Schrödinger's cat is a thought experiment about quantum physics. Erwin Schrödinger suggested it in 1935, in reaction to the Copenhagen interpretation of quantum physics.
One can even set up quite ridiculous cases. A cat is locked up in a steel chamber, along with the following device (which must be secured against direct interference by the cat): in a Geiger counter, there is a tiny bit of radioactive substance, so small, that perhaps in the course of an hour only one of the atoms decays, but also, with equal probability, perhaps none; if it happens, the counter tube discharges and through a relay releases a hammer that shatters a small flask of hydrocyanic acid. If one has left this entire system to itself for an hour, one would say that the cat still lives if meanwhile no atom has decayed. The psi-function of the entire system would express this by having in it the living and dead cat (pardon the expression) mixed or smeared out in equal parts.
It is typical of these cases that an indeterminacy originally restricted to the atomic domain becomes transformed into macroscopic indeterminacy, which can then be resolved by direct observation. That prevents us from so naively accepting as valid a "blurred model" for representing reality. In itself, it would not embody anything unclear or contradictory. There is a difference between a shaky or out-of-focus photo and a snapshot of clouds and fog banks.— Erwin Schrödinger, Die gegenwärtige Situation in der Quantenmechanik (The present situation in quantum mechanics), Naturwissenschaften
(translated by John D. Trimmer in Proceedings of the American Philosophical Society)
Simple Explanation[change | change source]
In simple terms, Schrödinger stated that if you place a cat and something that could kill the cat (a radioactive atom) in a box and sealed it, you would not know if the cat was dead or alive until you opened the box, so that until the box was opened, the cat was (in a sense) both "dead and alive". This is used to represent how scientific theory works. No one knows if any scientific theory is right or wrong until said theory can be tested and proved.
Application to Physics[change | change source]
Physics can be divided into two types; classic physics and quantum mechanics. Classic physics explains most physical interactions, like why a ball bounces when it drops. It can also be used to predict physical interactions, like what will happen when you drop a ball. However, there are some physical interactions which it does not explain; for instance, how light can be turned into electricity. Quantum mechanics provides a way for physicists to explain why these things happen.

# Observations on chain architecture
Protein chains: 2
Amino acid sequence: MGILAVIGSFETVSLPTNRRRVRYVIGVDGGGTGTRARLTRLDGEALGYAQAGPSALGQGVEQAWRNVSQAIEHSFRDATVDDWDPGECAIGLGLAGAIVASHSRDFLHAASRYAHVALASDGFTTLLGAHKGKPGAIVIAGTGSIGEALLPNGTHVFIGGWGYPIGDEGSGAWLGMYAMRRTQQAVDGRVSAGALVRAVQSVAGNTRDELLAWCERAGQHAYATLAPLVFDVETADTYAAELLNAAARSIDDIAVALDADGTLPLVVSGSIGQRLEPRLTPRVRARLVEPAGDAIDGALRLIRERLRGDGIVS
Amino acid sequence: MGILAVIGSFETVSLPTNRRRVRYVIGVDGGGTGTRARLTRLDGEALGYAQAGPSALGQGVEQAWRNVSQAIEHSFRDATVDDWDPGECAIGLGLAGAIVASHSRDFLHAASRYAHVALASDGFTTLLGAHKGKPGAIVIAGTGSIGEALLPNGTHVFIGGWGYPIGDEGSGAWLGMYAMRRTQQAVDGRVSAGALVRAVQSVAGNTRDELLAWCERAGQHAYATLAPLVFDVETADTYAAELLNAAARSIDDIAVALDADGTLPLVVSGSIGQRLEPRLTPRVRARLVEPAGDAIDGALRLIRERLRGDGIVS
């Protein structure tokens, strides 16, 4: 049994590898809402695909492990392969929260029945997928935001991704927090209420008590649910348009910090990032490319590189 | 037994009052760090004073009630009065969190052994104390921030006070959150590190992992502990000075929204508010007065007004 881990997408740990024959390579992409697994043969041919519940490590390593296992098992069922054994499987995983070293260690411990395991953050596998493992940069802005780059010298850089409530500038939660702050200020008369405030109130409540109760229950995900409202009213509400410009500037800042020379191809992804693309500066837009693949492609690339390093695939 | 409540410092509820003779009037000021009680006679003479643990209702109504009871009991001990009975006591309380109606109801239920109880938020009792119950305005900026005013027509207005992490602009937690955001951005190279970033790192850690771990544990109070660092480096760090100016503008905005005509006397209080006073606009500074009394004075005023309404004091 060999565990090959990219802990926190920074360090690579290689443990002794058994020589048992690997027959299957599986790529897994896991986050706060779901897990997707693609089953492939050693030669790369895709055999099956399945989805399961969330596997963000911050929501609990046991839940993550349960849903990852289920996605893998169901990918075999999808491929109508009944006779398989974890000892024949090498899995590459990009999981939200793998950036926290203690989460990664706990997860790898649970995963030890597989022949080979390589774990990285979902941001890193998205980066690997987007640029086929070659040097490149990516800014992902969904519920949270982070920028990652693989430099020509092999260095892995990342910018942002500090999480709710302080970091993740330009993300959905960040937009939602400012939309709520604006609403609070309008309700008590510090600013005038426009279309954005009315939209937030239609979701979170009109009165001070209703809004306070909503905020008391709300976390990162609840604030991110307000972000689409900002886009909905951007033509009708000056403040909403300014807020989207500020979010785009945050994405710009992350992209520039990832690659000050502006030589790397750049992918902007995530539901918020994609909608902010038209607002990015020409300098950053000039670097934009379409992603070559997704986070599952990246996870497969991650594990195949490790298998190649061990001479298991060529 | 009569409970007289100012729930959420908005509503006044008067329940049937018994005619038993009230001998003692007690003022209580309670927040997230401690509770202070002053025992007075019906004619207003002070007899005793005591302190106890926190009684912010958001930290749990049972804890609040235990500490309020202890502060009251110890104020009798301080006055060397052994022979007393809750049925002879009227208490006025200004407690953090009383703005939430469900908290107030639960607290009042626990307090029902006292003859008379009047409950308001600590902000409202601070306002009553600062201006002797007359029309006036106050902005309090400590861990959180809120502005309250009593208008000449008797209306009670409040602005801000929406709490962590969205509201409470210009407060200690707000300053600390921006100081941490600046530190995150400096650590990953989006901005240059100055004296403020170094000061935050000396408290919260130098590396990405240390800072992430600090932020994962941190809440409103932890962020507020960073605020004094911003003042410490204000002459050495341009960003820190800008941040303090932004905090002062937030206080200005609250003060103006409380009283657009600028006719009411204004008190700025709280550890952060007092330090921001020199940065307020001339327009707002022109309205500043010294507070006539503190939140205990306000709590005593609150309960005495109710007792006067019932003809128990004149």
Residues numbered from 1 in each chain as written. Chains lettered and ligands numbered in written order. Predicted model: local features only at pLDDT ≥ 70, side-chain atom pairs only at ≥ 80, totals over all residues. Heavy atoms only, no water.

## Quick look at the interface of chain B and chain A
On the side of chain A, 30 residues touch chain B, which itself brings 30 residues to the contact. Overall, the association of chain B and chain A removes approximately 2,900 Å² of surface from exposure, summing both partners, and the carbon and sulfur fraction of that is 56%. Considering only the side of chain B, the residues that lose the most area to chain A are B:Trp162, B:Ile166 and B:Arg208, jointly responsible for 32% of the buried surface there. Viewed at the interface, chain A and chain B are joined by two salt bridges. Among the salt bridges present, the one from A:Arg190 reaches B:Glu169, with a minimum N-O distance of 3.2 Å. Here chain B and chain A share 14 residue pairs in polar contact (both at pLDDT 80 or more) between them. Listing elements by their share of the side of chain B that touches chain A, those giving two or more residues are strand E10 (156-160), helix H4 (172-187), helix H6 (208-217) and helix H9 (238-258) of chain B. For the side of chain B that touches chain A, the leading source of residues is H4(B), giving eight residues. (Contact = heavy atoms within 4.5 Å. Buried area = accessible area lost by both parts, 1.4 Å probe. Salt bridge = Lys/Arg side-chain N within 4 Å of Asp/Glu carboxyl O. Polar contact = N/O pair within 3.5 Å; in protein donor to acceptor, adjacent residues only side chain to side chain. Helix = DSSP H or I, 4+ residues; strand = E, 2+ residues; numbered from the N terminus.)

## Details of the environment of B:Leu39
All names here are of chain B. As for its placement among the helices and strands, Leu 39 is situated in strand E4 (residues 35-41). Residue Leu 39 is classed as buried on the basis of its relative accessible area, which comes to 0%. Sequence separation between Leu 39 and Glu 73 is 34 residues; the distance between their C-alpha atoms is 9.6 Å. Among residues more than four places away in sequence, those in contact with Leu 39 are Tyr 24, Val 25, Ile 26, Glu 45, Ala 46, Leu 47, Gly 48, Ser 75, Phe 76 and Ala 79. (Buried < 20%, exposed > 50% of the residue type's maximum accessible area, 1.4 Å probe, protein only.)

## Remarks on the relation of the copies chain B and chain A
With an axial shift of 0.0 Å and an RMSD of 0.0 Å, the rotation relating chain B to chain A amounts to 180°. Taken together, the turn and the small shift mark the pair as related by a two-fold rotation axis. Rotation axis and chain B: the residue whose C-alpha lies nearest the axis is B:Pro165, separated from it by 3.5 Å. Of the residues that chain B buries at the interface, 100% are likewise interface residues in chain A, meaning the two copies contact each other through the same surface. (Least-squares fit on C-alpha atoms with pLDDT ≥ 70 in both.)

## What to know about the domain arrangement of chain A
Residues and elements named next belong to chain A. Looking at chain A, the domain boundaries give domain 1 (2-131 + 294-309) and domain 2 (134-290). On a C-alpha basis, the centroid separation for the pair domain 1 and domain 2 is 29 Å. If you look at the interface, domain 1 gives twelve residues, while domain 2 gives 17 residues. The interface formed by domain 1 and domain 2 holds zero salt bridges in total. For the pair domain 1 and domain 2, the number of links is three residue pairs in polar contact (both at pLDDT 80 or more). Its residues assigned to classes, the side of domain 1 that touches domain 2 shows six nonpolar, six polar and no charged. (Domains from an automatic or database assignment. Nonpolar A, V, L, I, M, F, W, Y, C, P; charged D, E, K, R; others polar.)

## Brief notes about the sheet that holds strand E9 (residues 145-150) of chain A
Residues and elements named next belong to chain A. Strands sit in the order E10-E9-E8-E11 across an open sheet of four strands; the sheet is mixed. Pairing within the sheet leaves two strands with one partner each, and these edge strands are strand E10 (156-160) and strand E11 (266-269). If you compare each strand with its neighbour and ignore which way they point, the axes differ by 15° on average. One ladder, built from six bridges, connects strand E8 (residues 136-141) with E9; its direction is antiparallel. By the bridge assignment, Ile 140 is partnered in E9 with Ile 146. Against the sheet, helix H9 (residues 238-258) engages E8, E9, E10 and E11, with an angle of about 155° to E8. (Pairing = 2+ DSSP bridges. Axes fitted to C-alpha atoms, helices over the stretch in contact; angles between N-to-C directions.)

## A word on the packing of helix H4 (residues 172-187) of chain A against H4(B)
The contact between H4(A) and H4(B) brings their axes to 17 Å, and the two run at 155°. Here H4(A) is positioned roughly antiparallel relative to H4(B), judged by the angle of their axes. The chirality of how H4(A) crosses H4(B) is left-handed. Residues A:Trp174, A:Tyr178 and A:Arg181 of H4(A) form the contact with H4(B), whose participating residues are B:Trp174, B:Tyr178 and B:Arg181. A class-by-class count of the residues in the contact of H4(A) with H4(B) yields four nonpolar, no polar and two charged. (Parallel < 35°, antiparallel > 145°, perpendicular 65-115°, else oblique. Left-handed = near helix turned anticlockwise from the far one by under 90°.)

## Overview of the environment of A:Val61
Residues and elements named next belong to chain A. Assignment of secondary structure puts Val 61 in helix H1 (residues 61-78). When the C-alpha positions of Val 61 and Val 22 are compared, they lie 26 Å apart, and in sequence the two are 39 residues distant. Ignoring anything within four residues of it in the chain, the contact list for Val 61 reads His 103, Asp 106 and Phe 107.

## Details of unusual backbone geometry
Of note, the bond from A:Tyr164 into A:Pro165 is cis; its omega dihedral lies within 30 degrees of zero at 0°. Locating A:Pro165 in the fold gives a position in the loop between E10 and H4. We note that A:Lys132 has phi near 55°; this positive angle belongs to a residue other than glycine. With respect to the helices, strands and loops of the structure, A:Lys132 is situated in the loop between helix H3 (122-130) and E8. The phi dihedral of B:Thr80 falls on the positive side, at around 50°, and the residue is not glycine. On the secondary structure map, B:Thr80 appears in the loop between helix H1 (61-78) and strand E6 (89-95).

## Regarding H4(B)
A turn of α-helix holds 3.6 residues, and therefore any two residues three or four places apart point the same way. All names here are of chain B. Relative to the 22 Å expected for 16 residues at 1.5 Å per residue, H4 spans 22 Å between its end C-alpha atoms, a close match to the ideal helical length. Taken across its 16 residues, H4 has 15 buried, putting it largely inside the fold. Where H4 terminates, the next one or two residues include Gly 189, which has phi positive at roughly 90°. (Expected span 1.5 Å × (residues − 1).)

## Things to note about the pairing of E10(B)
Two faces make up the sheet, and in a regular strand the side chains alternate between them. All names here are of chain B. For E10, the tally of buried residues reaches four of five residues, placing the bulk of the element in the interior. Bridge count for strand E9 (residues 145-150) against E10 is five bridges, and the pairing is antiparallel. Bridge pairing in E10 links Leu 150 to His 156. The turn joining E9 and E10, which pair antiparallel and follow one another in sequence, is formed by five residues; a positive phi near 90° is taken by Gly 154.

The Copenhagen interpretation is used to explain what is happening to the smallest part of an atom (a sub atomic particle) without looking at it (observing it or measuring it). Mathematics are used to show how likely something is to happen to the particle. A particle could be described as being 50% likely to be in one place at one time, or 50% likely to be in one place at another time. This could also be expressed as a chart (or wave form). This is very convenient when making quantum physics calculations.
However the only way to be 100% sure of where a particle is, is to observe it. Up until the point that you observe it, the Copenhagen Interpretation says that the particle is there and is not there. It is only when you observe the particle that you know if it's there or not there.
While this makes sense in quantum physics, it does not make sense in classical (real world) physics.
Schrödinger wanted to show that this way of thinking about quantum mechanics would lead to absurd situations. He designed a thought experiment.
A cat is placed in a room that is separated from the outside world.
A Geiger counter which counts the amount of radioactive decay and a little bit of a radioactive element are in the room.
Within one hour, one of the atoms of the radioactive material might decay (or break down because the material is not stable), or it may not.
If the material breaks down, it will release an atomic particle, which will hit the geiger counter, which will release poison gas, which will kill the cat.
The question now is: at the end of the hour, is the cat alive or dead? Schrödinger says that according to the Copenhagen Interpretation, as long as the door is closed, the cat is dead and alive. There is no way to know until the door is opened. But by opening the door, the person is interfering with the experiment. The person and the experiment have to be described with reference to each other.
By looking at the experiment the person has influenced the experiment, therefore it may not give us the correct answer.
The thought experiment was invented by Schrödinger to demonstrate the foolishness of thinking about quantum states for large objects. It has also been referenced many times in pop culture.
Related pages[change | change source]
References[change | change source]
- ↑ Schrödinger, Erwin (1935). "Die gegenwärtige Situation in der Quantenmechanik (The present situation in quantum mechanics)". Naturwissenschaften. doi:10.1007/BF01491987. S2CID 22433857.
- ↑ "Schroedinger: The present situation in quantum mechanics. 5. Are the variables really blurred?". Archived from the original on 2012-12-04. Retrieved 2016-10-11.
- ↑ Philip Ball - New pursuit of Schrödinger’s cat - Prospect. Retrieved 20 July 2014.